Dignity, Always Dignity
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From: Peter Langston <psl>
Date: Fri, 28 Jan 100 10:52:58 -0800
Subject: Dignity, Always Dignity
X-Lib-of-Cong-ISSN: 1098-7649 -=[ Fun_People ]=-
Forwarded-by: "Sarah Gowan" <Ladysmyth@mindspring.com>
From: the New York Times, 1/28/00
PUBLIC INTERESTS / By GAIL COLLINS
Dignity, Always Dignity
MANCHESTER, N.H. -- We have finally had a moment in the 2000 presidential
race that you are going to be sorry you missed, people. I am speaking, of
course, about this week's Republican debate, when the social conservative
Gary Bauer turned on the ultra-social-conservative Alan Keyes and said, "I
was a little surprised this week to see you fall into a mosh pit while a
band called Rage Against the Machine played."
Actually, Mr. Bauer's first stab at the name was "The Machine Rages On."
But sooner or later a Republican primary always gets down to funk hip-hop,
It seems that the filmmaker Michael Moore, who specializes in making light
of politicians in their natural habitat, had been roaming around Iowa with
a "portable mosh pit" -- 100 tightly packed college students on a flatbed
truck. Mr. Moore promised the endorsement of his program, "The Awful Truth,"
to the first candidate willing to fling himself into the crowd. You may
have seen Mr. Keyes on TV, borne aloft and being passed from hand to hand
to the tune of "Guerrilla Radio."
Since Mr. Keyes is a fringe candidate, he is normally permitted to do
anything he feels like without drawing anyone's attention. But lately he
has been threatening Mr. Bauer, who regards himself as the only legitimate
heir to the role of underfinanced right-wing Republican spoiler. Mr. Keyes,
with his full-throated rants about the "howling moral void," stole the show
in Iowa, coming in a surprise third while Mr. Bauer, despite the important
support of the McCaughey septuplets, was relegated to the fringe of the
"Admittedly I was willing to fall into the mosh pit," Mr. Keyes said, in
yet another statement that you never really expected to hear coming from
the lips of a presidential candidate. "You know why I did that? Because I
think that exemplifies the kind of trust in people that is the heart and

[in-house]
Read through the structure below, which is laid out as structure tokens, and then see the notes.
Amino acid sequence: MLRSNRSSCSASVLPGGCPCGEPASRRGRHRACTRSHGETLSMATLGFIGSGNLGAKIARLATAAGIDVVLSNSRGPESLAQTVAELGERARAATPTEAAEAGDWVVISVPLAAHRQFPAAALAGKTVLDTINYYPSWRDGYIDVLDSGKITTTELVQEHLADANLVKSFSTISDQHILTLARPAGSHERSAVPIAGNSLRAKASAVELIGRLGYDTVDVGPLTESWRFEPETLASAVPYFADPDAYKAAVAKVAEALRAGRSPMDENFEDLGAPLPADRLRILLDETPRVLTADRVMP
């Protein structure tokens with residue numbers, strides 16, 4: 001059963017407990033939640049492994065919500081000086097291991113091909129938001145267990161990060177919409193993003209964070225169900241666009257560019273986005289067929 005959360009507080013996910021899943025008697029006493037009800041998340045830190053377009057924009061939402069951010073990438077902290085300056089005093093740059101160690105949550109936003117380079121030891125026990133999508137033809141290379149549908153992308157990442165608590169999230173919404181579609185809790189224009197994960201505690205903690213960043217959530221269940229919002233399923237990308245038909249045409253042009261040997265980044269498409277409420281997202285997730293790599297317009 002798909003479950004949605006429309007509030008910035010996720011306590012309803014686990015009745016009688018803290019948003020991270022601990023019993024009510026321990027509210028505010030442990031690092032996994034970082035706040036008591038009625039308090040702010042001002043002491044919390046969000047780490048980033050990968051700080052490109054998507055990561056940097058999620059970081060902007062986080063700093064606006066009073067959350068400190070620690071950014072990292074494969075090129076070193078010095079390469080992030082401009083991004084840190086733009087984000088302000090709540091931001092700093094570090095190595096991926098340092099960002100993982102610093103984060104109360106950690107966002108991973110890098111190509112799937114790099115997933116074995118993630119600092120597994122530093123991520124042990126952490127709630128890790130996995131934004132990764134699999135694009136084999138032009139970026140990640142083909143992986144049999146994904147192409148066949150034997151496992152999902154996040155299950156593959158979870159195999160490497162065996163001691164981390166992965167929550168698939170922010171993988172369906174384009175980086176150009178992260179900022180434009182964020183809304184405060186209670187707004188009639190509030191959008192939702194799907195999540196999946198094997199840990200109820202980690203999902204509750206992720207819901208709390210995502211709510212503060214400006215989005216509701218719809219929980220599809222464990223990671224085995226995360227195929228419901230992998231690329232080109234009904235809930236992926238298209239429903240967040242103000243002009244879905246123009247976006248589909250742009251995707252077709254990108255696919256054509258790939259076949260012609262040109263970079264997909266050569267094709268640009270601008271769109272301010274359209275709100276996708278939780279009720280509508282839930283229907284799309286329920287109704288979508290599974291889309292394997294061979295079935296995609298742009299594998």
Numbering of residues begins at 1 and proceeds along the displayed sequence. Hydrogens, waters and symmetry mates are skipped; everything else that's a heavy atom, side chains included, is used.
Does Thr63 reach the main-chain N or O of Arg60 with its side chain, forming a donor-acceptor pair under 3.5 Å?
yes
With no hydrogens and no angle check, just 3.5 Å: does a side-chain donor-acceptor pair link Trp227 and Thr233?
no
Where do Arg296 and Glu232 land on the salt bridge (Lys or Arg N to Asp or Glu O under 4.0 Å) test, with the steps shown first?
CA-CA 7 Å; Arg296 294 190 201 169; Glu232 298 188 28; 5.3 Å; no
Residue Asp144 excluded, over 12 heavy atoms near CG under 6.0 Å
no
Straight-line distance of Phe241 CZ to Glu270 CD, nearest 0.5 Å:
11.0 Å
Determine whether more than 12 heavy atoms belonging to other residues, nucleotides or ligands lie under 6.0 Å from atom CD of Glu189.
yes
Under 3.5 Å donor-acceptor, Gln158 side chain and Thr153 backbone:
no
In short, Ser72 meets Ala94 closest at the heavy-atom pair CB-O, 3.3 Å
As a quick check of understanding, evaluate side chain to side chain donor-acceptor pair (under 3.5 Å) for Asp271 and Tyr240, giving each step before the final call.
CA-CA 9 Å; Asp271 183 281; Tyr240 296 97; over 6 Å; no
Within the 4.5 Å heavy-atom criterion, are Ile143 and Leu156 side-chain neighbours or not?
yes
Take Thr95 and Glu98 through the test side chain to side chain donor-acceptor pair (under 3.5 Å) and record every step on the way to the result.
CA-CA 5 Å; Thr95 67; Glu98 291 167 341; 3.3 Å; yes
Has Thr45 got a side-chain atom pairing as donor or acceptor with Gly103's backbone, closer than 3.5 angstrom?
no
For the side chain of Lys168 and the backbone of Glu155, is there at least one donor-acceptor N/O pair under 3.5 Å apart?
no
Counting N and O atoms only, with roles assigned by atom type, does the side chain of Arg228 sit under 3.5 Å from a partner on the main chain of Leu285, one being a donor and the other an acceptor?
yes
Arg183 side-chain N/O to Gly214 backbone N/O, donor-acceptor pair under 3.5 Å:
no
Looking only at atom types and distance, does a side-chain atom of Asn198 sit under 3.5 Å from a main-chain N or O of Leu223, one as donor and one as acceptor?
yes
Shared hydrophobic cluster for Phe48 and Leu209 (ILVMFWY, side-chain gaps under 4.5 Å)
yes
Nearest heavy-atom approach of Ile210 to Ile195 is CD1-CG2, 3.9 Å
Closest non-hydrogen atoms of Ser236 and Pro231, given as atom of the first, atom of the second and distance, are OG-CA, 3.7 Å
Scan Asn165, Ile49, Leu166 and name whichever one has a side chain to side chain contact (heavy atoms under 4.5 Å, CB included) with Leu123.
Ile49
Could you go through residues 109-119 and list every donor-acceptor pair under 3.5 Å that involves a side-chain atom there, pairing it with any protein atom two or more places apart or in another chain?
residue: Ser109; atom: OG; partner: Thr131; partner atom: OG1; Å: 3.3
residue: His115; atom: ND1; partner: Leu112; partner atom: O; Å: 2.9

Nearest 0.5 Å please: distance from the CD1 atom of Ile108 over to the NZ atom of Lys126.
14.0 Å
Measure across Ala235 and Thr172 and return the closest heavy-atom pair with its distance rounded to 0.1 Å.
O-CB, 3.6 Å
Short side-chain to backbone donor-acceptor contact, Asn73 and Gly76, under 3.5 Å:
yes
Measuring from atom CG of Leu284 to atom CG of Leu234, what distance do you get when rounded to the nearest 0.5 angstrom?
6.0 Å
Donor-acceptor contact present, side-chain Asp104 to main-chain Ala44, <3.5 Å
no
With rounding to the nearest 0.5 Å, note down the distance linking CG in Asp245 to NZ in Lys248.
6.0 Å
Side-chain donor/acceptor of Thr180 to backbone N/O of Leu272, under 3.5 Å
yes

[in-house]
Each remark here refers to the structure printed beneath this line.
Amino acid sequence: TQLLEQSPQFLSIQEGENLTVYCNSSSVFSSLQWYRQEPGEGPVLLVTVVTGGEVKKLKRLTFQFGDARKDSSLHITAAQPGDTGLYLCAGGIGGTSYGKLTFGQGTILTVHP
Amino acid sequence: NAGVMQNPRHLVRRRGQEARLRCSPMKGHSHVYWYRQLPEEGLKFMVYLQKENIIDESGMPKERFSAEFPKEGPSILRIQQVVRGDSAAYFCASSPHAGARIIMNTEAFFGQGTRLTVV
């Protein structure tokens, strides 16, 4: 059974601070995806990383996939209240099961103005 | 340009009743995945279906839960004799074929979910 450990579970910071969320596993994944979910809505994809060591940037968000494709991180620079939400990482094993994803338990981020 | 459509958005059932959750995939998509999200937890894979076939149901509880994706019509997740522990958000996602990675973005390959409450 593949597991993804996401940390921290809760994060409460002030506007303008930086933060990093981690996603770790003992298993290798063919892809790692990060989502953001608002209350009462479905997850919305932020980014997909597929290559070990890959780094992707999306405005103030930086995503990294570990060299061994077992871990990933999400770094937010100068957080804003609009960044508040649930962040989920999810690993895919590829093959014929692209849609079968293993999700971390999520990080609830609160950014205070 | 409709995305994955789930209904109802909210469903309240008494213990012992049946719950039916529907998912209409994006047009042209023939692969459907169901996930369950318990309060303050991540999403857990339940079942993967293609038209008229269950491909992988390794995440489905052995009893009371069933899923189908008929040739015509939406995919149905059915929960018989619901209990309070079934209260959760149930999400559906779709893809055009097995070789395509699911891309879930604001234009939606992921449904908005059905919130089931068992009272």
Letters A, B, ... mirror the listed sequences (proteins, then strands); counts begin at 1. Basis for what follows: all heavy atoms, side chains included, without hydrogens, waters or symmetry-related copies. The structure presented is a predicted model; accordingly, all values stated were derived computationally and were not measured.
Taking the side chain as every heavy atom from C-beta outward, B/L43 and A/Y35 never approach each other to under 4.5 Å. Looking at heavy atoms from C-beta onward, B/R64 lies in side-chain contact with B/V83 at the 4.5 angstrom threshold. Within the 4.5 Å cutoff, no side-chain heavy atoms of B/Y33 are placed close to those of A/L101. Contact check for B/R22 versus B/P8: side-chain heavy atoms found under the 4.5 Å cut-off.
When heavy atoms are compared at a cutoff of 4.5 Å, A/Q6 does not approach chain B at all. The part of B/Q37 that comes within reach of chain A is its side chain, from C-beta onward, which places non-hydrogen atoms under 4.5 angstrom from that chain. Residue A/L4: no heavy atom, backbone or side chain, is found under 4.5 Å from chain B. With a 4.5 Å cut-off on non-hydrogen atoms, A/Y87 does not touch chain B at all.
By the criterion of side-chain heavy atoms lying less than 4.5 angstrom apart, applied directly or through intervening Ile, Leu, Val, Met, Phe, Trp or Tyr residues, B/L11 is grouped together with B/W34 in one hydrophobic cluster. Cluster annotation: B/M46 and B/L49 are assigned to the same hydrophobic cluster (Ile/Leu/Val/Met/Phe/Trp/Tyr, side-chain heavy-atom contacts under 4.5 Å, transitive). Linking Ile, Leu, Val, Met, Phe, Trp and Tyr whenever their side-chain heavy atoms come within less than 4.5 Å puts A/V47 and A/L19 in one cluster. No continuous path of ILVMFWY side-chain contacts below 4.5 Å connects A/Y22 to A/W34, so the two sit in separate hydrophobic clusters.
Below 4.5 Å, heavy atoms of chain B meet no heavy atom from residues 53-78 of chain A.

soul of the Keyes campaign." Amplifying on his theme of Mosh Pit as Metaphor
for Democracy, Mr. Keyes suggested that his performance was a demonstration
of how the American people will "in fact hold you up, whether it's in terms
of giving help to you when you're falling down or caring for their own
This opens up entire new avenues of presidential campaigning for the youth
"Admittedly I was willing to serve as guest referee at the World Wrestling
Federation Crushfest. Making decisions is what my candidacy is all about."
"I did indeed spend last Saturday slam-dancing with Alanis Morissette, but
only as a symbolic expression of my commitment to ballot access reform."
"Yes, I am the mystery donor-father of Melissa Etheridge's children. Choose
There is, believe it or not, a larger issue at work here. All the candidates
for president have been promising to bring decorum back to the White House.
But they're campaigning in an age when politicians are forced to compete
with entertainment celebrities for TV time and magazine covers, and the
temptation to do something peculiar to get attention keeps expanding. The
Democrats are about to say goodbye to a president who discussed his
underwear preferences on MTV, and the Republicans are looking for a
successor to the guy now starring in TV ads about erectile dysfunction.
The longer you campaign, and the more tenuous your hold on success, the
harder it is to resist the siren call of a Playboy interview or a gig as
host of "Saturday Night Live." Bill Bradley, who has been trying to expand
the ever-shrinking privacy rights of a presidential candidate, was reduced
this week to answering a question about whether he had ever cried after
losing a basketball game. (No, but he cried after talking to a woman whose
family didn't have any medical insurance.) John McCain came under attack
from Mr. Keyes (pre-mosh-pit immersion) for having joked that Nine Inch
Nails, of "God is dead and no one cares" fame, was his favorite band.
Unmoved, Mr. McCain later added that he had "noticed at the MTV awards that
Busta Rhymes was wearing a dress. And I'd like to know if I can borrow that
for the swearing-in ceremony."
Well, the dress thing worked for Rudy Giuliani O.K. Only time will tell if
the public can come to regard plummeting into a mosh pit as acceptable
behavior for a presidential candidate -- although actually, you could kind
of imagine Theodore Roosevelt doing it.
© 2000 Peter Langston